Equatorial Guinea says it thwarted 'coup'
Steve Jordan (AFP/File)
The West African state of Equatorial Guinea said Wednesday it had thwarted "a coup" in late December mounted by mercenaries who sought to attack President Teodoro Obiang Nguema, Africa's longest-serving leader.
In a statement read on public radio, Security Minister Nicolas Obama Nchama said: "Mercenaries... were recruited by Equatorial Guinean militants from certain radical opposition parties with the support of certain powers."
The plot had been prevented thanks to an operation carried out "in collaboration with the Cameroon security services", he said.
The announcement came after Cameroon on December 27 arrested 38 heavily-armed men on the border with the tiny state.
Two days later, Equitorial Guinea's ambassador to France, Miguel Oyono Ndong Mifumu, referred to the incident as an "invasion and destabilization attempt".
The suspects, taken into custody in a bus on the border, had rocket launchers, rifles and a stockpile of ammunition, according to his office.
On Saturday, the 75-year-old Obiang said "a war" was being prepared against his regime, "because they say I have spent a lot of time in power".
Obiang has been president for more than 38 years.
He took power in a coup on August 3, 1979, ousting his own uncle, Francisco Macias Nguema, who was shot by firing squad. He was re-elected to a fifth seven-year term in 2016.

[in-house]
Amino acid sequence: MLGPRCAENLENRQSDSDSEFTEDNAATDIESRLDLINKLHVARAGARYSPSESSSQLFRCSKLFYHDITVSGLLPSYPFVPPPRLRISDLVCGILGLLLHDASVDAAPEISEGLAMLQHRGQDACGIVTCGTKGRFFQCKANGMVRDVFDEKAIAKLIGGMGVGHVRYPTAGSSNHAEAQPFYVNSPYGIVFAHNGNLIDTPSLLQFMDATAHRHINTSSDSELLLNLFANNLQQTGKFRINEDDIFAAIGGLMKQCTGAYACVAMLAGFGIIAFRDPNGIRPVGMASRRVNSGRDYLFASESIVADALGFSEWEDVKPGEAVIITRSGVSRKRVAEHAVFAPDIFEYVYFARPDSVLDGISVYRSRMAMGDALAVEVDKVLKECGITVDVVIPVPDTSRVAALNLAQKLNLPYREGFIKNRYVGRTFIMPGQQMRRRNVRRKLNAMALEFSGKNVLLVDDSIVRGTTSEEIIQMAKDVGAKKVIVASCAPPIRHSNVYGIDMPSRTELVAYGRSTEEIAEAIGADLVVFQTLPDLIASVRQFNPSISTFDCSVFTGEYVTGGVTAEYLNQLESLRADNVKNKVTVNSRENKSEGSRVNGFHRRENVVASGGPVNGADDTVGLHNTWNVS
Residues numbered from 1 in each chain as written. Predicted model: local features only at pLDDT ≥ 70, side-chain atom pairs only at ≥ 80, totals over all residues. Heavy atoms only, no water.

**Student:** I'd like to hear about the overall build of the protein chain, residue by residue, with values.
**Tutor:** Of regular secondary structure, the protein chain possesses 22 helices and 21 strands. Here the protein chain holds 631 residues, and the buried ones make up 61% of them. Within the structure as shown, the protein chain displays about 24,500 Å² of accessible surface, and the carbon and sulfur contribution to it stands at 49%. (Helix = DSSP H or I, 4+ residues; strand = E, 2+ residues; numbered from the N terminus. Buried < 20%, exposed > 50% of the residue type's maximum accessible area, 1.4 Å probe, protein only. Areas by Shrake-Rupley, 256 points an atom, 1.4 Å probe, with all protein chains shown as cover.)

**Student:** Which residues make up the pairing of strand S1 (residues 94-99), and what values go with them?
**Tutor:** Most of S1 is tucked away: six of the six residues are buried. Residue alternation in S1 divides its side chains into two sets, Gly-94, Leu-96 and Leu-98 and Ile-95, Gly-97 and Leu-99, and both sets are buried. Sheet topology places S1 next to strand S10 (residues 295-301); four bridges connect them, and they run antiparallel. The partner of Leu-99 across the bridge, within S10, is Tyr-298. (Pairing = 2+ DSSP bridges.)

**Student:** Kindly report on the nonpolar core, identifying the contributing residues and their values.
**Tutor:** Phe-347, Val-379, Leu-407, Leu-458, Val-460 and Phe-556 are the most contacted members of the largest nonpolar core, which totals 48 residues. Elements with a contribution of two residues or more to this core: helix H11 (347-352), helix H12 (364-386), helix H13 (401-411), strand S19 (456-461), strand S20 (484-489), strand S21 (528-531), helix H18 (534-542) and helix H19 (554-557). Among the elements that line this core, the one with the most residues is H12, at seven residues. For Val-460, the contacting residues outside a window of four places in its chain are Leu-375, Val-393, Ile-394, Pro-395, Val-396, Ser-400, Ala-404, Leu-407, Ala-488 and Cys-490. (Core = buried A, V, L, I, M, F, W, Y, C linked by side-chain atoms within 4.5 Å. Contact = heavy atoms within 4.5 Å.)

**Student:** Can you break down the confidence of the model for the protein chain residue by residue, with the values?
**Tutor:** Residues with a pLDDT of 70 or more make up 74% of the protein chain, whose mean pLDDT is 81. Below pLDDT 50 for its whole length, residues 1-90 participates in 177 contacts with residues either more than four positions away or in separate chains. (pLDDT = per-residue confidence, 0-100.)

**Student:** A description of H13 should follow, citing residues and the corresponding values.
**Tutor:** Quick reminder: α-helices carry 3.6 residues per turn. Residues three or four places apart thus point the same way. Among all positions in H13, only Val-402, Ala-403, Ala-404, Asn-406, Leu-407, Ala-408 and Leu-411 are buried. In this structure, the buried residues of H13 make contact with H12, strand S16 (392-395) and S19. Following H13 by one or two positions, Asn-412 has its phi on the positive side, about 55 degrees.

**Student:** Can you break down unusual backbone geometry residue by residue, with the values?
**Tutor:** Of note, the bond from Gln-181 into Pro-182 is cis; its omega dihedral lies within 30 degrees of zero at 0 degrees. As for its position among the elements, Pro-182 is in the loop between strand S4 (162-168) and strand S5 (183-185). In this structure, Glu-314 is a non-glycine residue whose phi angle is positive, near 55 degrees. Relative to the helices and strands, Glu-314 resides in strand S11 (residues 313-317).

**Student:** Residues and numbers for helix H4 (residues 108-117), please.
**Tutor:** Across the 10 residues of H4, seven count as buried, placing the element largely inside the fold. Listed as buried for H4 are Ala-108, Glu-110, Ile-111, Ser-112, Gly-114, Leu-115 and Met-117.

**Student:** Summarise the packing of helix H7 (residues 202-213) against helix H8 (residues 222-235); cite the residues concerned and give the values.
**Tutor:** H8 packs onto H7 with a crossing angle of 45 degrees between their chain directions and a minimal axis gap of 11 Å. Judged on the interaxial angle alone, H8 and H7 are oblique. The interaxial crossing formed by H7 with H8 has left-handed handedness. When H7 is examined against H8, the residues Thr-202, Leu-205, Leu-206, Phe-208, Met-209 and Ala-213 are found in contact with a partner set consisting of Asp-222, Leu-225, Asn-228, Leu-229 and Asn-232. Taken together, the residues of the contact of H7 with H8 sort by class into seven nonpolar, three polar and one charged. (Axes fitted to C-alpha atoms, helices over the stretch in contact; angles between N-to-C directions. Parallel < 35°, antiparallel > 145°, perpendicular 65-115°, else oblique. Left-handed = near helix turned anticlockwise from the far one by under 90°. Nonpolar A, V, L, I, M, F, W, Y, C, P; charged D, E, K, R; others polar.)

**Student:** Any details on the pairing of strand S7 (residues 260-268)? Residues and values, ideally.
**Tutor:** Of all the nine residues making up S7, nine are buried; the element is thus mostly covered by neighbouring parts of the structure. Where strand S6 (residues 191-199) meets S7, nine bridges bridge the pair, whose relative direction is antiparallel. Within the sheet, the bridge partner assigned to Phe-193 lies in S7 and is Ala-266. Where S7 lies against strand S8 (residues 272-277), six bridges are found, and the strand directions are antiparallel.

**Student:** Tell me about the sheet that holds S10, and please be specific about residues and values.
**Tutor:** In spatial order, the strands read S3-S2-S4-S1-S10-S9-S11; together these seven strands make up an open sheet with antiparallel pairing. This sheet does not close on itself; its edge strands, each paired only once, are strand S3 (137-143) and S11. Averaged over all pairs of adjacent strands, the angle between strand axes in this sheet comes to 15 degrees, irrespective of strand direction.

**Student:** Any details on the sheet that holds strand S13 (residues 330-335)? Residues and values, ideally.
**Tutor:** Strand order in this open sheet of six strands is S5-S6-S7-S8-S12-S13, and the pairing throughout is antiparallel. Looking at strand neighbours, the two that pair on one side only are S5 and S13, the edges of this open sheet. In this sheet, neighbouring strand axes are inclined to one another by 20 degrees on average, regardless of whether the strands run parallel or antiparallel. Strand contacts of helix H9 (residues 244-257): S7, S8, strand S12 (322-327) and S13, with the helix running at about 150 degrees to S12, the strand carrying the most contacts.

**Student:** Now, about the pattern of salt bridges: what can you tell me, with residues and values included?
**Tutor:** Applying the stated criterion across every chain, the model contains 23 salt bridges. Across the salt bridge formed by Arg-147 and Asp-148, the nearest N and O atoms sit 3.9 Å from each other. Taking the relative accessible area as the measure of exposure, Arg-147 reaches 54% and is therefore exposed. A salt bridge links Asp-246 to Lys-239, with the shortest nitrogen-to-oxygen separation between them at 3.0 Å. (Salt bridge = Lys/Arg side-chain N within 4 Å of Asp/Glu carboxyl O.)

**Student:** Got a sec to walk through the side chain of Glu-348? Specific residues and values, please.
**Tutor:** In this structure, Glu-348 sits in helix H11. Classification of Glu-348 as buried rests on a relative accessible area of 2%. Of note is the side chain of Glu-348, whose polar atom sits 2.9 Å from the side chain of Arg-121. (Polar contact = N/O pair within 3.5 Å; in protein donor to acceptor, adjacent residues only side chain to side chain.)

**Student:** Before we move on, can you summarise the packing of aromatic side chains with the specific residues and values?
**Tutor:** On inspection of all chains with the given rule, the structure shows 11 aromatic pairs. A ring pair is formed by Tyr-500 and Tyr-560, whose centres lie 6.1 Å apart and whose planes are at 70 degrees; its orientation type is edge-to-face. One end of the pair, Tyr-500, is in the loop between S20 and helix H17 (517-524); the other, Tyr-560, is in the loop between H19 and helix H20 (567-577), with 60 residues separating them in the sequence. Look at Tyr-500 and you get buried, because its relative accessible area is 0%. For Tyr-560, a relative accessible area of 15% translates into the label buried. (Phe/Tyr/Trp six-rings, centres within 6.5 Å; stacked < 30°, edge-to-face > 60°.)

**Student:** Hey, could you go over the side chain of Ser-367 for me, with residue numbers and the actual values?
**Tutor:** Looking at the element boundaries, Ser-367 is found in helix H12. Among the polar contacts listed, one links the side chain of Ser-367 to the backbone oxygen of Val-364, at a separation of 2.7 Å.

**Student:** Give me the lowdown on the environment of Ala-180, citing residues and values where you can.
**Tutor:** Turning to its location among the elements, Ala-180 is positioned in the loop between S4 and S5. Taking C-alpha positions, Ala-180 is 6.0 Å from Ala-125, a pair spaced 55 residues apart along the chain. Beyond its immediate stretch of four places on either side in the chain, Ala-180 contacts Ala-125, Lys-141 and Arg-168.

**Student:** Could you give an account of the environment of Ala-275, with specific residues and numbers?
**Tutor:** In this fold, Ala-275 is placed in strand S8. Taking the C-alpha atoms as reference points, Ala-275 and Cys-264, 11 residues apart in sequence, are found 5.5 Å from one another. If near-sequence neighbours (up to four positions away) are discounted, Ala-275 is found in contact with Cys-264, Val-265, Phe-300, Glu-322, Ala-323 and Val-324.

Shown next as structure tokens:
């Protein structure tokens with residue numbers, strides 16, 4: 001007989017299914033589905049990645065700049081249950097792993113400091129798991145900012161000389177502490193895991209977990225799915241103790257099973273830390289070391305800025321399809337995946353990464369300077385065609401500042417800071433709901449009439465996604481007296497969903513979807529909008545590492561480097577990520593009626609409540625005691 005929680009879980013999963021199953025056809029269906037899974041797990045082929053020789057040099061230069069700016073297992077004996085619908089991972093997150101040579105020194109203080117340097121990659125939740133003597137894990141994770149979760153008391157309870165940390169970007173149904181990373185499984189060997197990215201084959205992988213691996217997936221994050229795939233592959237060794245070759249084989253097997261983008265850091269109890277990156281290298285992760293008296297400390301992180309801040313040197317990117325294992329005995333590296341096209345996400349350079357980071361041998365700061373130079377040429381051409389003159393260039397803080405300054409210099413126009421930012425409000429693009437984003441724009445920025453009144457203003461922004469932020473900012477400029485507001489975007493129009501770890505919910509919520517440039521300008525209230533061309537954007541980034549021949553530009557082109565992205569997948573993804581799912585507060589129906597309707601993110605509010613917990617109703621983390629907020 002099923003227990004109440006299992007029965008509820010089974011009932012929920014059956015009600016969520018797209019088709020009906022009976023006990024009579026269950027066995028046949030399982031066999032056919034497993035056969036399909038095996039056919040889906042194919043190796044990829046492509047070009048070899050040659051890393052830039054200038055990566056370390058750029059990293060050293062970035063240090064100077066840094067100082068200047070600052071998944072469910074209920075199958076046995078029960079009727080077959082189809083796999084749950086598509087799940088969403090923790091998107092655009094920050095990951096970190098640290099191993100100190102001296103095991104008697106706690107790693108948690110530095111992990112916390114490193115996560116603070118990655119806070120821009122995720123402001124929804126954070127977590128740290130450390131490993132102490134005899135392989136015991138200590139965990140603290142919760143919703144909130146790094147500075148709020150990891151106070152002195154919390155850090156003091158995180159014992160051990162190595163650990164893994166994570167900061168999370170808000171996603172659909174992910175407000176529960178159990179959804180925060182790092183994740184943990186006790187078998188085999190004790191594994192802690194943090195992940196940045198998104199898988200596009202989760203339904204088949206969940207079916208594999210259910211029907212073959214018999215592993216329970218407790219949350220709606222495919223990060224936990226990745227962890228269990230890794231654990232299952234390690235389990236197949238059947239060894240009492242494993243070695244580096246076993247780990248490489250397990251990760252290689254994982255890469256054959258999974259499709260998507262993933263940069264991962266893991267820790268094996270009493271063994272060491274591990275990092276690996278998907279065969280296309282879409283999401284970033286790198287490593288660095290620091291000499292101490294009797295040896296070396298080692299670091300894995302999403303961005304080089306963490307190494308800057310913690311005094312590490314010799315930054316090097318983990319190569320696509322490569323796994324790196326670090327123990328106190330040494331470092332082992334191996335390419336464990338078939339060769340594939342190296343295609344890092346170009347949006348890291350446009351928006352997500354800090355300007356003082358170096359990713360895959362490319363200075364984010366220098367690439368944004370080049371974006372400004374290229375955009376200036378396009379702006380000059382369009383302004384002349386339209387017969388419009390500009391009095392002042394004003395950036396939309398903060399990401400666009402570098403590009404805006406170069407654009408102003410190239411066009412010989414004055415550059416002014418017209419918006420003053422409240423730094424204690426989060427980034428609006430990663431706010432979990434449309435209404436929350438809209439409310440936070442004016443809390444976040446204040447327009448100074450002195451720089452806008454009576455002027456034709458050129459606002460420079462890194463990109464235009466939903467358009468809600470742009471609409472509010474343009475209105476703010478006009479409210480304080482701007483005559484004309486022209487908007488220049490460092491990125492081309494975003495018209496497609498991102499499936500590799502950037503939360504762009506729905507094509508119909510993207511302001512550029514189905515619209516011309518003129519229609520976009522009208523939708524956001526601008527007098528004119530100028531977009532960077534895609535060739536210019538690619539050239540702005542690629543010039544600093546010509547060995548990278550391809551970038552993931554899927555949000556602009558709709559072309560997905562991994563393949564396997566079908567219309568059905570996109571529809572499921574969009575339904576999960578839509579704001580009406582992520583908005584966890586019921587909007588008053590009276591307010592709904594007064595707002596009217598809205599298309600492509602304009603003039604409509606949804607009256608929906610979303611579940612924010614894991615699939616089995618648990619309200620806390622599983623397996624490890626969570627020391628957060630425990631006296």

Equatorial Guinea is one of sub-Sahara's biggest oil producers but a large proportion of its 1.2 million population still lives in poverty.
In 2004, mercenaries attempted to overthrow Obiang in a coup thought to be largely funded by British financiers.
Mark Thatcher, son of former British prime minister Margaret Thatcher, was reportedly involved in the funding and was convicted and fined in South Africa.
In October last year, a French court handed down a three-year suspended jail term to Obiang's son, Teodorin, who is also vice president, after convicting him of siphoning off public money to fund a jet-set lifestyle in Paris.
He was accused of spending more than 1,000 times his official annual salary on a six-storey mansion in a posh part of the French capital, a fleet of fast cars and artworks, among other assets.
His lawyers said they would appeal the ruling
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